Join the big show, and watch your stock drop. That's what happened Friday to e-commerce software-maker
, which joined the
Nasdaq 100 index
and saw its shares drop nearly 10% all in the same day.
Of course, that might also be because Ariba jumped 13% yesterday and some investors found the temptation to profit irresistible. Rival
saw a dip as well, as its shares closed down more than 5%. Historically, the two stocks often chase each other up and down.
Ariba reported last week that its revenue climbed sharply in the latest quarter and posted a smaller-than-anticipated operating loss. But overall, Ariba is down 11% for the week.
, the officially designated underachiever of the week, closed down more than 6% to $42.55. For the week, Nortel dropped 35%.
4:43 p.m.: Old Tech Friends Spend Day Happily in the Green
The feeling today was that old friends are the best friends -- at least when it comes to tech stocks.
Technology stocks went higher, apparently helped by
good report Thursday. Then tech stocks lost their surge, and investors sought refuge with some old familiar names like
"I think a lot of fears were relieved with JDS. And they like the big tech names," said Tim Grazioso, manager of
Nasdaq trading at
Intel ended up 3.8%, Hewlett-Packard ended 1.4% higher and Microsoft gained 5%. Fellow technology bellwether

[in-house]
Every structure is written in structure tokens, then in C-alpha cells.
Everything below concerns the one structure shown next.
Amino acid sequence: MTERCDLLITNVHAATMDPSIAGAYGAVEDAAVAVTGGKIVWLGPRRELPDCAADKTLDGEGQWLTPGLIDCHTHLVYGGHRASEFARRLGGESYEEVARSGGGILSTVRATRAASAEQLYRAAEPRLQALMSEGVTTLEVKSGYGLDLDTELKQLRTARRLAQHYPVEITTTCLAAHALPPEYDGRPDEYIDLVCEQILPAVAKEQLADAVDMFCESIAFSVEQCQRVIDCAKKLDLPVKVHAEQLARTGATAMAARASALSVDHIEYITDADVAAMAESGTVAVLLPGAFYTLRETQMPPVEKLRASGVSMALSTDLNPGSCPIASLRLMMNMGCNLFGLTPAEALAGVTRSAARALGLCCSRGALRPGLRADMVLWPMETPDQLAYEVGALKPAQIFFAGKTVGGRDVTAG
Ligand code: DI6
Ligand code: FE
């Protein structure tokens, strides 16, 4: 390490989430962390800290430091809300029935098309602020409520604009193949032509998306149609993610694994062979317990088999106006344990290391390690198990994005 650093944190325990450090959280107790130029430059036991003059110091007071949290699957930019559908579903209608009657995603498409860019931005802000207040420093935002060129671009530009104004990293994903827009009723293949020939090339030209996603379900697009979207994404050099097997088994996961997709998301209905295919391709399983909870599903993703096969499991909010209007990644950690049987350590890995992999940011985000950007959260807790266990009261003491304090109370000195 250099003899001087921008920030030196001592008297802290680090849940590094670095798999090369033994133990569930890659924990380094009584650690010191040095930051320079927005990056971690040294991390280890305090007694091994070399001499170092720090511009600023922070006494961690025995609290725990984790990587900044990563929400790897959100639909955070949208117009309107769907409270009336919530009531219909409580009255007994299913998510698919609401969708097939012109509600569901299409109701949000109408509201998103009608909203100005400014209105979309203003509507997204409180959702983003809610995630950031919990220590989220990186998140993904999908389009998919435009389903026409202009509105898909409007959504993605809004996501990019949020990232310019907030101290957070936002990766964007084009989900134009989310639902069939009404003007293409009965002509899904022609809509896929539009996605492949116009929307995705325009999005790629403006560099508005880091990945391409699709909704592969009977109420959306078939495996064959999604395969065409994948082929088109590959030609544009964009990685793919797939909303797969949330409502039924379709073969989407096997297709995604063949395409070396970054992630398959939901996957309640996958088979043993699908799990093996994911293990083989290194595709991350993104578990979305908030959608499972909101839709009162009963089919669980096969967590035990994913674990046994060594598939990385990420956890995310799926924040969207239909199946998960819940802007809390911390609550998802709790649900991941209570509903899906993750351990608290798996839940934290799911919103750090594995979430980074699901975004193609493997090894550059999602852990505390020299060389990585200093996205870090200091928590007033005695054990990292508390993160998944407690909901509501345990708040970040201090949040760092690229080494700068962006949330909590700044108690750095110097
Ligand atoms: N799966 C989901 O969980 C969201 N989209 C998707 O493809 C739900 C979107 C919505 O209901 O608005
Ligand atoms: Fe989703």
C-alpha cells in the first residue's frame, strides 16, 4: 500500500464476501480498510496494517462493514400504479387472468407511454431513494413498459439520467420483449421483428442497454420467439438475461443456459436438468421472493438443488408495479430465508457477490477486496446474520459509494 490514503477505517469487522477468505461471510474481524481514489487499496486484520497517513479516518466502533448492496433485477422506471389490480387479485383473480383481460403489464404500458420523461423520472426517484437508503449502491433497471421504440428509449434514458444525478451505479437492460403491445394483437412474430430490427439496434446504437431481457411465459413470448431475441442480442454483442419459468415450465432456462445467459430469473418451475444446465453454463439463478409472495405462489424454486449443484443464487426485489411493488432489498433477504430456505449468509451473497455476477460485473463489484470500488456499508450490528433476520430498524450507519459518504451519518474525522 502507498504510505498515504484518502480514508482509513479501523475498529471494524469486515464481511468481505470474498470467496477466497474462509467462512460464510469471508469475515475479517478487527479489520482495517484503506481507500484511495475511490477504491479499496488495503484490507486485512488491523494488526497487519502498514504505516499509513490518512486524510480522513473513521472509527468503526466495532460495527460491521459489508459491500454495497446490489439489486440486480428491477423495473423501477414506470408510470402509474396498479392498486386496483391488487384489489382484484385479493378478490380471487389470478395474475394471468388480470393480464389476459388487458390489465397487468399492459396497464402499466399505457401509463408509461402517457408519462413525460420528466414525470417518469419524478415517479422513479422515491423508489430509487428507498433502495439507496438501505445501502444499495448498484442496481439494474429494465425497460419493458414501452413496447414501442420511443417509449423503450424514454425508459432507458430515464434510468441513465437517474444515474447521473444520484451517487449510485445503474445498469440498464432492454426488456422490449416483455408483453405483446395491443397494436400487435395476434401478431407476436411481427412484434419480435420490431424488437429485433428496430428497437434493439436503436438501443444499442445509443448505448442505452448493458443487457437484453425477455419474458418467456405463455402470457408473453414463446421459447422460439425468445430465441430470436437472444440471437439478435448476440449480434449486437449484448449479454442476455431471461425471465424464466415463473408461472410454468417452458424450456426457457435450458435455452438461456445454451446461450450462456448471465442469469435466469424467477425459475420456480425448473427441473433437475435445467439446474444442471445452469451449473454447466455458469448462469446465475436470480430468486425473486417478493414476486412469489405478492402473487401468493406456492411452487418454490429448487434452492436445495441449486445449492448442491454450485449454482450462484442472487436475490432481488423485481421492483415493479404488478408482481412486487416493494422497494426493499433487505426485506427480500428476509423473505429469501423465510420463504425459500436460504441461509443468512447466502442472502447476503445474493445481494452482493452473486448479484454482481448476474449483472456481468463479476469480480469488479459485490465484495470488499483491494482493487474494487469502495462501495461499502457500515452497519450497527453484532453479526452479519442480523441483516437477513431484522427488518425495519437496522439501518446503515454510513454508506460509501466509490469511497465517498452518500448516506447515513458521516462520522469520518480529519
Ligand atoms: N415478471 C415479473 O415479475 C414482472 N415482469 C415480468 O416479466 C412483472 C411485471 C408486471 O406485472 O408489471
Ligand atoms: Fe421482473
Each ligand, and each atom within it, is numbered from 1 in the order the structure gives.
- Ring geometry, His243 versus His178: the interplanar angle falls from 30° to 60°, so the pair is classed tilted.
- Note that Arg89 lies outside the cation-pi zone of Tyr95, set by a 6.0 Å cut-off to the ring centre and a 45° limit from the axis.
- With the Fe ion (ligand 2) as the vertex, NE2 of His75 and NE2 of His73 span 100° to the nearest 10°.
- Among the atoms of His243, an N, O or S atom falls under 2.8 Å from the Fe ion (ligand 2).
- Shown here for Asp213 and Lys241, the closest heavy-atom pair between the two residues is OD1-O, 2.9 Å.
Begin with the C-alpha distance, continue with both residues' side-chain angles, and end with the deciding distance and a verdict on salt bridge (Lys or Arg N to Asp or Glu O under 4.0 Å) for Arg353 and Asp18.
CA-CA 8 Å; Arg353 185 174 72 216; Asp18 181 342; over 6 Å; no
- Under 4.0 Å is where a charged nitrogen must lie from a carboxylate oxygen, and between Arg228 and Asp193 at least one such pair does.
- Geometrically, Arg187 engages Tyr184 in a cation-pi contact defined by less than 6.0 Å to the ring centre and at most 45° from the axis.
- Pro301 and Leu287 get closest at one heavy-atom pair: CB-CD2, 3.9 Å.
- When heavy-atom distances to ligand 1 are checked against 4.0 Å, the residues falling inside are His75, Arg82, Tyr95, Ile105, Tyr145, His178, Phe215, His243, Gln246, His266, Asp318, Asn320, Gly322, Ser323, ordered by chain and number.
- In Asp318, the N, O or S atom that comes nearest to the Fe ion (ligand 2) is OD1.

also was up today, about 1.2%.
With semiconductors, however, volatility continues apace with semiconductors -- and it might stay that way for a while.
Many semiconductor stocks slid, as did the
Philadelphia Stock Exchange Semiconductor Index
, which dipped 2.9%.
was one of the day's biggest losers, dropping 9.5% after a downgrade from buy to outperform by
dropped 4.4% after
downgraded the stock Friday from buy to attractive. Micron was downgraded Wednesday by
Chase Hambrecht & Quist
Banc of America Securities
Investors rotated into chip giants Intel and
Advanced Micro Devices
, with AMD gaining more than 0.6%, finding comfort in familiar names in what has been a volatile semiconductor market in recent weeks.
It's a pattern that's likely to continue as the market strives for a way to measure performance in semiconductor stocks, analysts said.
Some of the measures used in the past -- for example, DRAM prices or cell phone growth -- no longer work as an effective measurement for most of the chipmakers, said analyst Susan Billat of Robertson Stephens, but some investors still "cling to the familiar."
Until the market can find ways to measure performance for each of the different parts of the sector, the volatility will continue, said analyst Drew Peck of
. "Problems with one company don¿t necessarily mean problems with another, because the end markets are very different."